When it is 4:30 am and you've got some NFL Films production on ESPN about guys switching jersey numbers and you start giggling hysterically, that's when you know you've been up for way, way too long.
Everyone is better than me Part Eleventy Thousand:
Billfer interviews Dan Dickerson, play-by-play announcer for the Tigers. Part I and Part II. I hate to get sappy about this, but in Part I he includes a quote which is possibly the single truest thing I've ever heard anyone say about baseball. He was talking about (of course) Ernie Harwell, and the best piece of advice that Ernie gave him.
It really goes back to some advice Ernie gave me early in my career, when in 2001 the Tigers started 9-23, and that was supposed to be a pretty good team with the Juan Gonzalez trade and the deals they made. I said “How do you do this?” This was my team, they are 9-23 and I was down. He said “Remember, every game stands on its own.” That advice was very simple but it really stuck. You might see something you’ve never seen before, you might see a great individual performance, you might see a great game between two bad teams. And it’s true, it sounds so simple and I think all fans realize that, and that’s why you have fans at games.
That's why you have Tigers fans, and that's why you have so many Red Sox fans, even though the team only just recently started with this winning business and yeah, you know what, that's exactly it. That is EXACTLY it. Anyways, go read the rest of Bill's interview, it kicks all of the ass, as is his wont.
Oh, and Talking Chop interviewed John Schuerholz who, if you live under a rock, is the GM of the Atlanta Braves. He sounds kind of depressed about not resigning The Farns. This is only Part I, apparently Part II is to come later. Go see.
Sometimes I wonder why I bother with this blog thing, but then I remember. I mean, the internet needs someone to Photoshop an 'L' onto the front of Jeff Garcia's jersey.
Did I mention my final project for video class? It's about the Tigers. My mother just mailed me the entire 1984 World Series on tape so I can rip some of it and maybe use it in my stuff (my professor's all about appropriation). Before MNF tonight I wrote up a scorecard, put in the tape of Game 5, and watched it. And scored it. It was probably the coolest thing I've done all semester, which should tell you something about what a wicked cool college student I am.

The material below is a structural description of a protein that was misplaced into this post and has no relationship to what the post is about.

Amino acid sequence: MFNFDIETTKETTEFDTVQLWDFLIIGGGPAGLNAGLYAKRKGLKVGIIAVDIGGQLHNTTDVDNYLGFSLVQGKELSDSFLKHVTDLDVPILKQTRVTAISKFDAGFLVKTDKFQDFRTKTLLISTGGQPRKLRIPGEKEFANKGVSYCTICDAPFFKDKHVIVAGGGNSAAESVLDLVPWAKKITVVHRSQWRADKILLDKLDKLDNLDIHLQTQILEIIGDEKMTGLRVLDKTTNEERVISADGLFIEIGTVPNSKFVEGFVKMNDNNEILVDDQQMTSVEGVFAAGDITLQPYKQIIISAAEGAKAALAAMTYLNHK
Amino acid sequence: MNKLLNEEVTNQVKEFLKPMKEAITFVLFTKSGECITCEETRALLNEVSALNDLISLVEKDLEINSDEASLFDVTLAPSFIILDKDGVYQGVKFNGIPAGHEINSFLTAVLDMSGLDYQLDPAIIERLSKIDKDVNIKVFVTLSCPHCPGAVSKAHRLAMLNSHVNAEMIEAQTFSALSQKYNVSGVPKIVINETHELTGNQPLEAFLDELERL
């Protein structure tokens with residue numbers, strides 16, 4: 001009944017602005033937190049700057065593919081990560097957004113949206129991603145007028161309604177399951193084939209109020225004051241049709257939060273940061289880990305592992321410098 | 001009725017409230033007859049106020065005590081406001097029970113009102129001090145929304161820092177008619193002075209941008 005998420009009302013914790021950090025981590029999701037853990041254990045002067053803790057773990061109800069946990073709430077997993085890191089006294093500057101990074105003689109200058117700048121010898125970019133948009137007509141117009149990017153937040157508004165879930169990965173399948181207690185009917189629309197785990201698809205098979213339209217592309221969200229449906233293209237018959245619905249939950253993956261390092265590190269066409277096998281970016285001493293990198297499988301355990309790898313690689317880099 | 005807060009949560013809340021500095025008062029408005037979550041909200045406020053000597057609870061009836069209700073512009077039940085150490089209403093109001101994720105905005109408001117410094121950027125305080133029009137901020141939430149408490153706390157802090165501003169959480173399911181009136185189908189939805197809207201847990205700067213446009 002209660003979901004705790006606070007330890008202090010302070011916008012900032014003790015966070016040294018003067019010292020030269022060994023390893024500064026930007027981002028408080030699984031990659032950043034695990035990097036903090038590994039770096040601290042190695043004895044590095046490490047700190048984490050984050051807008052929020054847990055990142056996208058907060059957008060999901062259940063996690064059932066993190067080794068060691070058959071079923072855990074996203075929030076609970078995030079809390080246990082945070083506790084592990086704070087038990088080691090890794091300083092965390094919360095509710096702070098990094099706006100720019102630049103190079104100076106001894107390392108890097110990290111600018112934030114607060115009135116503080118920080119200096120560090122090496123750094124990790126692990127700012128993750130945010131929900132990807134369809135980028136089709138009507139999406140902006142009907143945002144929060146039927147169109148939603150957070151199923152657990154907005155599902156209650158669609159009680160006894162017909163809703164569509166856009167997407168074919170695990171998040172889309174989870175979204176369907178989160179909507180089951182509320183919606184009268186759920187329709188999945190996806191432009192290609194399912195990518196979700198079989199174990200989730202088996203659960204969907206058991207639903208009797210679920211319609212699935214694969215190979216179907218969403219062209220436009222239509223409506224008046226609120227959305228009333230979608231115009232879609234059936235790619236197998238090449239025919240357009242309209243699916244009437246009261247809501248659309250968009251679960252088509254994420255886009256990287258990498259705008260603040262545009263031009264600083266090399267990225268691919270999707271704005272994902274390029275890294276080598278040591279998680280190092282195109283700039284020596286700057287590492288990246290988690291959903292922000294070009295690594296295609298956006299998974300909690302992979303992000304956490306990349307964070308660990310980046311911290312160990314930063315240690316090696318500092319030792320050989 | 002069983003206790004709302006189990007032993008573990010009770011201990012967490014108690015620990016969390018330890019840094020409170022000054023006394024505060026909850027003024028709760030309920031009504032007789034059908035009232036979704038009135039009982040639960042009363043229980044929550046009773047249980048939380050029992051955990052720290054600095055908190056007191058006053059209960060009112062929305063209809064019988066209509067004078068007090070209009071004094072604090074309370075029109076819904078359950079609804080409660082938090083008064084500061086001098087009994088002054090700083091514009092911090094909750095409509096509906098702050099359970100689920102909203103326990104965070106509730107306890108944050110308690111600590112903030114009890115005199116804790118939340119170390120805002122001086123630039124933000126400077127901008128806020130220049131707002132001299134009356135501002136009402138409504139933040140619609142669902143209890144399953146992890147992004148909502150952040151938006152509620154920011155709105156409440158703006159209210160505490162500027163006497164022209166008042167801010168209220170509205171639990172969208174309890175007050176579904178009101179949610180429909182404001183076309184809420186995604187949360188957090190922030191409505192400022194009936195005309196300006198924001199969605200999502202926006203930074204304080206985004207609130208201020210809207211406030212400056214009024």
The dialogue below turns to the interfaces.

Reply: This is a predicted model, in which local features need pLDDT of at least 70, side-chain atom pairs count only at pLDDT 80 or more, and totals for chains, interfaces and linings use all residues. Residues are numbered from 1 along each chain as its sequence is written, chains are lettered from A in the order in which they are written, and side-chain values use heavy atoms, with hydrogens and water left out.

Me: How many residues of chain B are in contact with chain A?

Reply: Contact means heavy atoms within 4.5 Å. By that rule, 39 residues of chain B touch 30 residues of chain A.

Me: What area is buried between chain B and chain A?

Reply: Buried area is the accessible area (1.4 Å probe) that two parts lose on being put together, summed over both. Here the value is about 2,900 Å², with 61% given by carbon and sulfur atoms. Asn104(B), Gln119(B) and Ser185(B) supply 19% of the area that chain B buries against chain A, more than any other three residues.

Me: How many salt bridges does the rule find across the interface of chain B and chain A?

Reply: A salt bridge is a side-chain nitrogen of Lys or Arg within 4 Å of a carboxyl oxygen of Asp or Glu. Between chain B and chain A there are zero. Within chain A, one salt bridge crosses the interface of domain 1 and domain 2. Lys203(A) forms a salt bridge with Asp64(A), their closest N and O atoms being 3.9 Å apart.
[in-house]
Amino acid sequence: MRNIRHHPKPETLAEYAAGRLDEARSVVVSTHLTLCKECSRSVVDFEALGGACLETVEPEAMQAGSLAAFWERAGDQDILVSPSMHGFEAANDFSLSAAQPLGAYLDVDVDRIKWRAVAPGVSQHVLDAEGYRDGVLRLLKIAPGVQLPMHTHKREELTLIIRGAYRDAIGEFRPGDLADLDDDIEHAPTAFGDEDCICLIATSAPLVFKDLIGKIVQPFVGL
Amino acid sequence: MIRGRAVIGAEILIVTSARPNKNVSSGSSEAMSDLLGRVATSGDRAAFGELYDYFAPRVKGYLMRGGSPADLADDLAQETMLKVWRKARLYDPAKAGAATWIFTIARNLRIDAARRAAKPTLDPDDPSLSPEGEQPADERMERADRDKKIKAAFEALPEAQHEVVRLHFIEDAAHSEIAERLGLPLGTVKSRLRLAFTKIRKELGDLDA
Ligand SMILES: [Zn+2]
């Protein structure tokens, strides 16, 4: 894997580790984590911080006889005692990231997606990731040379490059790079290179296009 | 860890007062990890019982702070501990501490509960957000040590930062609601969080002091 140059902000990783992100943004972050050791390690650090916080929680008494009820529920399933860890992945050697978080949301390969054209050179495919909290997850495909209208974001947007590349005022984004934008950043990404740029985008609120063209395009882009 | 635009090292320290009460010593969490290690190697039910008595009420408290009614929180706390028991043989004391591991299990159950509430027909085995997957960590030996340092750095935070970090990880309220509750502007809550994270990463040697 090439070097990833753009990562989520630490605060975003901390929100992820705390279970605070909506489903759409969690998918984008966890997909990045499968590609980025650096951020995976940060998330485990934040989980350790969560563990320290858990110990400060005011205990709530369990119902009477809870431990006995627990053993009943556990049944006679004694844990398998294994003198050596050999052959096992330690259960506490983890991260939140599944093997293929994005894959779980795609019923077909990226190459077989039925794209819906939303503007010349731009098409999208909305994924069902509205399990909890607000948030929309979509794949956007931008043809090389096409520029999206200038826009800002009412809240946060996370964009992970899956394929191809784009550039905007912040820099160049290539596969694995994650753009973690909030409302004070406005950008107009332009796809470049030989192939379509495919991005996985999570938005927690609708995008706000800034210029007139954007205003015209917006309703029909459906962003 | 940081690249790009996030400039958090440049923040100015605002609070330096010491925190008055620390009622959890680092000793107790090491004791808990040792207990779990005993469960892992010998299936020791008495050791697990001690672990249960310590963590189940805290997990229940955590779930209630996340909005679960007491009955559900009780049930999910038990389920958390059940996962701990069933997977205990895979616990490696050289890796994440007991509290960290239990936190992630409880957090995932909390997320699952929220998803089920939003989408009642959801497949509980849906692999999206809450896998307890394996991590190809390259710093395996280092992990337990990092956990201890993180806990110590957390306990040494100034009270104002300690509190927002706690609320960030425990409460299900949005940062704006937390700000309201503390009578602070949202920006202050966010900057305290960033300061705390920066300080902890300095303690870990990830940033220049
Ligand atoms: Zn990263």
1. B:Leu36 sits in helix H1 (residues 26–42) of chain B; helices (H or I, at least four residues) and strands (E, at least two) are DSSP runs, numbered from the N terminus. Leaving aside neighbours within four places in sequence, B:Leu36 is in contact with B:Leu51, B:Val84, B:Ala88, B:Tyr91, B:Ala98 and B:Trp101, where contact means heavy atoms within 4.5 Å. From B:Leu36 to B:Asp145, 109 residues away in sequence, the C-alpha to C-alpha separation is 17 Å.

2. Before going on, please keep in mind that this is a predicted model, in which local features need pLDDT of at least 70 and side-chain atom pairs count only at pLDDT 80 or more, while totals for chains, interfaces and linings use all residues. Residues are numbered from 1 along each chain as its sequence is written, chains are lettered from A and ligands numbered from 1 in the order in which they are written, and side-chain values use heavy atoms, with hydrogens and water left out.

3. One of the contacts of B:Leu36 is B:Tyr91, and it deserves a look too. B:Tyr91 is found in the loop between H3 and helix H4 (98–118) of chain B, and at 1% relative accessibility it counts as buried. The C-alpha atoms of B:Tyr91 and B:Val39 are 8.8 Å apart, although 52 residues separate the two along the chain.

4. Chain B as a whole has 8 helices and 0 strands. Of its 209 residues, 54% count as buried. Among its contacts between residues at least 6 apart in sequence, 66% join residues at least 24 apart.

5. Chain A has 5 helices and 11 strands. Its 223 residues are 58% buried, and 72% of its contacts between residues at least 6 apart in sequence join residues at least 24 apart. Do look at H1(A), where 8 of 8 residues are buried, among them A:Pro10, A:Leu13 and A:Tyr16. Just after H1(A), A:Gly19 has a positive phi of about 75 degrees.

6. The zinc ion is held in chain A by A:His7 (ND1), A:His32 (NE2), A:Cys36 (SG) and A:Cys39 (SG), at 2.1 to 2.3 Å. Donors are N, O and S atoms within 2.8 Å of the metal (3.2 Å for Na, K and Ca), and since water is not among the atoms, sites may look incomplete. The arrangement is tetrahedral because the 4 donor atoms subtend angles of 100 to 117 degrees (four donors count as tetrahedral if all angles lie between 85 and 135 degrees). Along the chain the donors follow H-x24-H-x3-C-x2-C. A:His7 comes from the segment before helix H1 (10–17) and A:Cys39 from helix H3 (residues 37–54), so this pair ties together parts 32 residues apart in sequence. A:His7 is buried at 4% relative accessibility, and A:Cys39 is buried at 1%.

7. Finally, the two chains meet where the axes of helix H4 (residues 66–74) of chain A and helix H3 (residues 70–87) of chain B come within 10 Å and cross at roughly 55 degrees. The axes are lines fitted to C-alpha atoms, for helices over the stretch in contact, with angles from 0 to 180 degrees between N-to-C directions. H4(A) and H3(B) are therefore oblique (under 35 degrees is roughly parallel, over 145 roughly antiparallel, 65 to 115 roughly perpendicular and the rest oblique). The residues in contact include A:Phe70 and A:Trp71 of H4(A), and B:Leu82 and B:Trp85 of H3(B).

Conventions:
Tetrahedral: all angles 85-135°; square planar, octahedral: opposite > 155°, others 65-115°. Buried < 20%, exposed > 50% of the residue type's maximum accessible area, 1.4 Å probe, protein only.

In related news, Lou Whitaker was really quite cute, Lance Parrish probably would've been if it wasn't for the unfortunate mustache, it's kind of scary seeing Tram young when you know what he looks like old, Goose Gossage sure did stink up that game didn't he?, in fact all the Padre pitching was pretty much atrocious, not to mention those uniforms, and GIBBY! OMFG GIBBY!
Also, computer ads from the 80's are hilarious.
And yes, I did watch that Eagles/Seahawks game tonight, although only God and the All-Seeing Mama McNabb know why.
Here is the bit where I answer your questions, in the form of responses to keywords that people have been using to find my site lately.
is veritek leaving the red sox? No. He has a big fat contract. And learn to spell his name.
john keating fsn detroit. There you are.
oakland raiders fans. Are fucking insane. I love looking through tags on Flickr. This is what I find when I look for 'raiders'. Scary Raiders fan. A dog with a balloon who is a Raiders fan. Gorilla Rilla, presumed Raiders fan. And, of course, the quintessential Raider Nation photo.
pet bandannas boston red sox. It seems like a good idea. I don't know how reliable this site is, but you can dress your small dog (or probably cat) in a Red Sox tshirt, or perhaps something pink, if you want all the other dogs in doggie day care to rag on your dog for not being a real fan. (PS Don't buy them the pink tshirt. I think it's probably animal cruelty under some statute or other.)
kyle farnsworth shirtless. Oh honey, I wish. Does this help?
pant balling games. I almost don't want this to be a typo, because the idea of games based upon the rapid and skillful balling-up of pants is too glorious. Joe Paterno would absolutely clean up at this.
john grabow. I know! Isn't he awesome??
hats for clowns song. An internet classic! May it never grow old and/or die. Still one of my favorites.